• Even though the Giants didn’t score on the drive, their next to last drive of regulation was their longest drive of the game in terms of yardage and time. The Giants ran their first play of the drive with 9:18 on the clock from their own nine-yard line and held the ball until their punt with 2:36 remaining. The 53-yard drive should have yielded points, but Manning was sacked on 3rd and 8, knocking the team out of field goal range. It was one of only a few straight dropbacks on the drive. The Giants ran the ball five times on the possession and passed it seven times, including four play action attempts out of 21, 22 and 12 personnel. It was an impressive drive when the team needed one to put the game away.
  • Everyone should be tipping their cap to Sterling Shepard with how he gutted through the game with a painful rib injury. Even though he couldn’t catch Manning’s perfectly thrown overtime pass in the end zone (which would have made Manning’s final stat line look more impressive and ended the game), he had a couple of important catches for first downs. Shepard said he lost the potential game-winner in the lights.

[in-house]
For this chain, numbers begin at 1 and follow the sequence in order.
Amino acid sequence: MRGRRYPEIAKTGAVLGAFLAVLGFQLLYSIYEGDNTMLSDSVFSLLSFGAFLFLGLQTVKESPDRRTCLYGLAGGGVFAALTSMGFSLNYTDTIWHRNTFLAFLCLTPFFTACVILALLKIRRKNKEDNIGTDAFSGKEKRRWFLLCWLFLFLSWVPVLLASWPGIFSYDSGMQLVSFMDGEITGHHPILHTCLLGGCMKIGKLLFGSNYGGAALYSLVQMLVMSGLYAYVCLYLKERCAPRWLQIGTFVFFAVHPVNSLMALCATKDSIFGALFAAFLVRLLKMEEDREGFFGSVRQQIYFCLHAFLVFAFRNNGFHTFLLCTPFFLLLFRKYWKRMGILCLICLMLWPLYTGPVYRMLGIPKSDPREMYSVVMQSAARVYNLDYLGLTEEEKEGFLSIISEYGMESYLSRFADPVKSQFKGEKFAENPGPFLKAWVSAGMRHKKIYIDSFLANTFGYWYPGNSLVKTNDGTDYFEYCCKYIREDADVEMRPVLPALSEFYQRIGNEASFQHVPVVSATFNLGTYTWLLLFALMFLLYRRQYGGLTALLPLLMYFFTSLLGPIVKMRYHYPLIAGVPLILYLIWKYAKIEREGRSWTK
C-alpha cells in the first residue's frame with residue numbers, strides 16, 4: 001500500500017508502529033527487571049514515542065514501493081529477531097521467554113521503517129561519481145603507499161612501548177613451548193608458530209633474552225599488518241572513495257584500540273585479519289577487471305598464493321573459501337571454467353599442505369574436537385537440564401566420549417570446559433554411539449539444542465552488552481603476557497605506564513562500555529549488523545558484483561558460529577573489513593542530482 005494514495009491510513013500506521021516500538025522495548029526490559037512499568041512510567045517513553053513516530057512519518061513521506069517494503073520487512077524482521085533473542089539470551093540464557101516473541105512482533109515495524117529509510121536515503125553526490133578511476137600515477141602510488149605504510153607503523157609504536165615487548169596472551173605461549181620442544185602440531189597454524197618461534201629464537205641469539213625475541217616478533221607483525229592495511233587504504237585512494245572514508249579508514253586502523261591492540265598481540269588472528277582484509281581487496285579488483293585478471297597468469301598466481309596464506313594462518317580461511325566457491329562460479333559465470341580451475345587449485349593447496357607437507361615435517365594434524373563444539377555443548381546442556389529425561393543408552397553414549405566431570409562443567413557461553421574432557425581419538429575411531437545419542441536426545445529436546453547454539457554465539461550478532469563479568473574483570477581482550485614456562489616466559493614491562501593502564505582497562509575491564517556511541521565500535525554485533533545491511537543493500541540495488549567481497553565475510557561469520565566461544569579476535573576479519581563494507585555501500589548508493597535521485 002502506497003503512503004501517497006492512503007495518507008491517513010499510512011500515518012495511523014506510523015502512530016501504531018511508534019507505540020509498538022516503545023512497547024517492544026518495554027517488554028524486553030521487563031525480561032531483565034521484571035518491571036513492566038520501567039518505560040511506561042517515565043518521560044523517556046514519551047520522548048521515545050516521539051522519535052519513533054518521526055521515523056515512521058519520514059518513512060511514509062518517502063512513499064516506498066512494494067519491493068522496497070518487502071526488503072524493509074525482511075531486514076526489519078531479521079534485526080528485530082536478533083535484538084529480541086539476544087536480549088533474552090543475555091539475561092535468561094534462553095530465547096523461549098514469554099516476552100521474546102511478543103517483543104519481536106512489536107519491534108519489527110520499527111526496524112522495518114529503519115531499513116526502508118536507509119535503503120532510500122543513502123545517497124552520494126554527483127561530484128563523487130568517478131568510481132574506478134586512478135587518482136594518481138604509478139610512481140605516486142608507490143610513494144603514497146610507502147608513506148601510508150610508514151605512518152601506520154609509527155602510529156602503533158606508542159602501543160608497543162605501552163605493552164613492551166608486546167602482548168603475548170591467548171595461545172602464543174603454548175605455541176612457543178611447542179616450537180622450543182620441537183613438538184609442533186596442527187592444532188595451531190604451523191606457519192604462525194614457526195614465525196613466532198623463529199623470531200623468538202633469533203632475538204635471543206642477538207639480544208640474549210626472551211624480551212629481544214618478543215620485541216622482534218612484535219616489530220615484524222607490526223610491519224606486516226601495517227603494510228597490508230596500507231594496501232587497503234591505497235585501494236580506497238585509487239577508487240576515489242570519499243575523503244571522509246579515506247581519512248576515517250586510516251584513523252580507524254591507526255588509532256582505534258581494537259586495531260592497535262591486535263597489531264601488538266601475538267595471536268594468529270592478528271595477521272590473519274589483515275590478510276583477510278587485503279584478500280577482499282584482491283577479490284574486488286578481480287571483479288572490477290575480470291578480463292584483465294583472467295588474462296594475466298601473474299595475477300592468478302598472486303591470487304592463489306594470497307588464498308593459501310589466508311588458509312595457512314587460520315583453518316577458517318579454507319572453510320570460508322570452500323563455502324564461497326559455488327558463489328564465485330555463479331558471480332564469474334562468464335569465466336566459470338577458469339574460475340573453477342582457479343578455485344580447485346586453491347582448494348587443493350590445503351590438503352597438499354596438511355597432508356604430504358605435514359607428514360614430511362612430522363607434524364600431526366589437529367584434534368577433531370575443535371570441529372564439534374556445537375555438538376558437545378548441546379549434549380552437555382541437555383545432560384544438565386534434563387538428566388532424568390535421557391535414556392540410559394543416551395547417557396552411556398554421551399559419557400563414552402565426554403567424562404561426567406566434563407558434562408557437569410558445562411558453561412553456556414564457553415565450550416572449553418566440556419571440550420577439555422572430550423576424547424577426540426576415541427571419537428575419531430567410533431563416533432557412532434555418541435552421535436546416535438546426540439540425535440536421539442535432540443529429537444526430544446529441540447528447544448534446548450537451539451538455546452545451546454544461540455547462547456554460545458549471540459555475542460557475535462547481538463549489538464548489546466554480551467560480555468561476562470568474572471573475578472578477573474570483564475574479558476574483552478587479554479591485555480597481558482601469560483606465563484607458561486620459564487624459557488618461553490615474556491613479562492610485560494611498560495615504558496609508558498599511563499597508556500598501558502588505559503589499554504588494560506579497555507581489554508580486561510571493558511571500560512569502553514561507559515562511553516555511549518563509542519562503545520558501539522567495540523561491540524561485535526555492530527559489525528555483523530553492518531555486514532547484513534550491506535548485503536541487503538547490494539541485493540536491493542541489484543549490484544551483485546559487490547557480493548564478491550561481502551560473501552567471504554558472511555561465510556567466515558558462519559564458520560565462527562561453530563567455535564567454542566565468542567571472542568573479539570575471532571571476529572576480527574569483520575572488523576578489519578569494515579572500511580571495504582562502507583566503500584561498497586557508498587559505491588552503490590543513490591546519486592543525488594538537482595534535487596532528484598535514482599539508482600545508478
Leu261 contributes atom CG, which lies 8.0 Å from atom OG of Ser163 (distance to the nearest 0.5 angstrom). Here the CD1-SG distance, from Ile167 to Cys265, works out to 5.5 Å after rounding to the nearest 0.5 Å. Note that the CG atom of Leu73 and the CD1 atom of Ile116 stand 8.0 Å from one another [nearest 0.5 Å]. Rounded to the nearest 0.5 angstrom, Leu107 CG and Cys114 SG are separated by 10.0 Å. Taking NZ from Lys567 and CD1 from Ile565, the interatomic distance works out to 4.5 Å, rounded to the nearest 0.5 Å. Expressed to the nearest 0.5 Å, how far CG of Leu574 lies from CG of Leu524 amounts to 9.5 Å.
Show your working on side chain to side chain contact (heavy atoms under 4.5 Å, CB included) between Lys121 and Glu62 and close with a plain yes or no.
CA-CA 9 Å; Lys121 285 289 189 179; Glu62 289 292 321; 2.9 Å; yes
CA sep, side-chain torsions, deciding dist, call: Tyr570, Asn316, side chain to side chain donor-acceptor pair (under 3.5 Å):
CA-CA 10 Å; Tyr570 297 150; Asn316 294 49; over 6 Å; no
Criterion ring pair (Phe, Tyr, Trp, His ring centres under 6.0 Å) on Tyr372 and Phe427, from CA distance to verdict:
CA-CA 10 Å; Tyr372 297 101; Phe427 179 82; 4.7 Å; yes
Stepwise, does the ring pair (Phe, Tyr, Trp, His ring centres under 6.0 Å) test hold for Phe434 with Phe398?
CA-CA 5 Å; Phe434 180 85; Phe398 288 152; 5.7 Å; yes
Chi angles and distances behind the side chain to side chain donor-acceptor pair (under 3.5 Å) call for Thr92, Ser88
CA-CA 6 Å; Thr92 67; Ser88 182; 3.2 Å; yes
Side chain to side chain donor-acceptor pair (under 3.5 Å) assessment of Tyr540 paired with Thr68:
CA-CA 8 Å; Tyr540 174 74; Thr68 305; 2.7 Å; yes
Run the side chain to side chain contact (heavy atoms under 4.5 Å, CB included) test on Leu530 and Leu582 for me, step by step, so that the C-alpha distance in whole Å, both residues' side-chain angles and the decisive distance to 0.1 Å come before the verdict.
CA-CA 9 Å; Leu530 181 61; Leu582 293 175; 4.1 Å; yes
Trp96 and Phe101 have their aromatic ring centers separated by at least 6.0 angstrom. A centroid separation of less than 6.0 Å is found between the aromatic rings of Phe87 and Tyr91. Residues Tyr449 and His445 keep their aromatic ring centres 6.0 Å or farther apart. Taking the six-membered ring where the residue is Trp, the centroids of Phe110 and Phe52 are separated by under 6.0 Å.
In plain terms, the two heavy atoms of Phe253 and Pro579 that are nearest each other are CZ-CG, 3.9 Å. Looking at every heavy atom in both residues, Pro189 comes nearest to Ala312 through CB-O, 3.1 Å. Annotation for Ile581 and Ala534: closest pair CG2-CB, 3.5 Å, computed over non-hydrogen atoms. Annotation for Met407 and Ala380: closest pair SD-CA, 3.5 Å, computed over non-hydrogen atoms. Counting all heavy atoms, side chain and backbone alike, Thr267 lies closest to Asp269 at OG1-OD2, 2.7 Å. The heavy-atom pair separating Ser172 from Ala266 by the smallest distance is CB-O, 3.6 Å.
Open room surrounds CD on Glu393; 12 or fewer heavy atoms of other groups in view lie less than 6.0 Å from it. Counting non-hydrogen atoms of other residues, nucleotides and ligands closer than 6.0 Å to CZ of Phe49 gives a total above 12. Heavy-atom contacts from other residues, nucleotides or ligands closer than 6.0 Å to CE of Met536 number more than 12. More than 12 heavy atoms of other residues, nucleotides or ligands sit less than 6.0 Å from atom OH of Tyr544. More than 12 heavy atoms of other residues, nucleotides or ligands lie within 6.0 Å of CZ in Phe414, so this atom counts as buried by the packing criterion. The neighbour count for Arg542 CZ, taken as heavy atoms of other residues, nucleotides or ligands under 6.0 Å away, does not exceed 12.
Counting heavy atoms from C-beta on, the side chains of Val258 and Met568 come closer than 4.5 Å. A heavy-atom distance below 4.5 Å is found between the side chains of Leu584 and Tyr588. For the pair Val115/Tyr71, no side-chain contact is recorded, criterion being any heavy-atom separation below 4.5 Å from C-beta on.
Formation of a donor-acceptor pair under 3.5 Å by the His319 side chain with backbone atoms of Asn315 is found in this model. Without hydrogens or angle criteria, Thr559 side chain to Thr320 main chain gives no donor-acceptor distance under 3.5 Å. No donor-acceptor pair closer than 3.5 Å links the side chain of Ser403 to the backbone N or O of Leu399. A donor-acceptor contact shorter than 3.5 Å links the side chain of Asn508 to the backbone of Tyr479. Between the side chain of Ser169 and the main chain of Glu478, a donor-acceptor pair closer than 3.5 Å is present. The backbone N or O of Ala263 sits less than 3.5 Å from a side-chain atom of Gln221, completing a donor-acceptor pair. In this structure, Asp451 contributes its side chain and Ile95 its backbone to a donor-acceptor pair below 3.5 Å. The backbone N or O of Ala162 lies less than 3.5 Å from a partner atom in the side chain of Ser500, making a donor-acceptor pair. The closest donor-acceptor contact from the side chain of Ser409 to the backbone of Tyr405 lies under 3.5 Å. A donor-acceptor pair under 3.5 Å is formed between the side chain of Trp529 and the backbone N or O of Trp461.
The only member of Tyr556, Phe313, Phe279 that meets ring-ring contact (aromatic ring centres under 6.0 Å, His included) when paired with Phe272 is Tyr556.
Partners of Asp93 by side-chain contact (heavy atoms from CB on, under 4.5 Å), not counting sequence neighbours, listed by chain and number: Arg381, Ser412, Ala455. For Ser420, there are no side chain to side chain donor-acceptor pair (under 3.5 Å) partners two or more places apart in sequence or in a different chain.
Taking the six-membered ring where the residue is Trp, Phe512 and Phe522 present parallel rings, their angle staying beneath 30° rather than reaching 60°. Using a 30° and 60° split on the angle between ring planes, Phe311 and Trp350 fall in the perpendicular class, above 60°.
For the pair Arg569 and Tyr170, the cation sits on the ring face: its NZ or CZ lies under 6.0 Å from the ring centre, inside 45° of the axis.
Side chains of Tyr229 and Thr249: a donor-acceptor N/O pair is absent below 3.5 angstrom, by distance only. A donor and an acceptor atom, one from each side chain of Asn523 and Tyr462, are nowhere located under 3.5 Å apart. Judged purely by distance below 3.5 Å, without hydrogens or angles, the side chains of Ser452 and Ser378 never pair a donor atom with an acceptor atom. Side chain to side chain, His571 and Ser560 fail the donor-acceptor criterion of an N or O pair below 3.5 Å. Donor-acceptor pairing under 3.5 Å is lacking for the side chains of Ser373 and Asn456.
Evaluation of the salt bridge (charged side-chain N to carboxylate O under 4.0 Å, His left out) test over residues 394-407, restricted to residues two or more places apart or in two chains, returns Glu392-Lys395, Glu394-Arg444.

• The Giants had poor execution on the onside kick at the end of regulation. The front line did not block who they were supposed to and Beckham didn’t get where he had to in order to make a play on the ball. Little mistakes matter when the opponent executes a good play like the Bears did there.
  • It was a mixed bag for the Giants defense, but their three takeaways were the difference in the game. Ogletree’s first interception put a touchdown on the board, and his second took one off the board as Chase Daniel’s pass intended for Tarik Cohen would likely have been caught for a touchdown. The defense’s third takeaway, a strip by B.W. Webb, led to a field goal. That’s a 17- point swing by the defense and that was the difference in the game.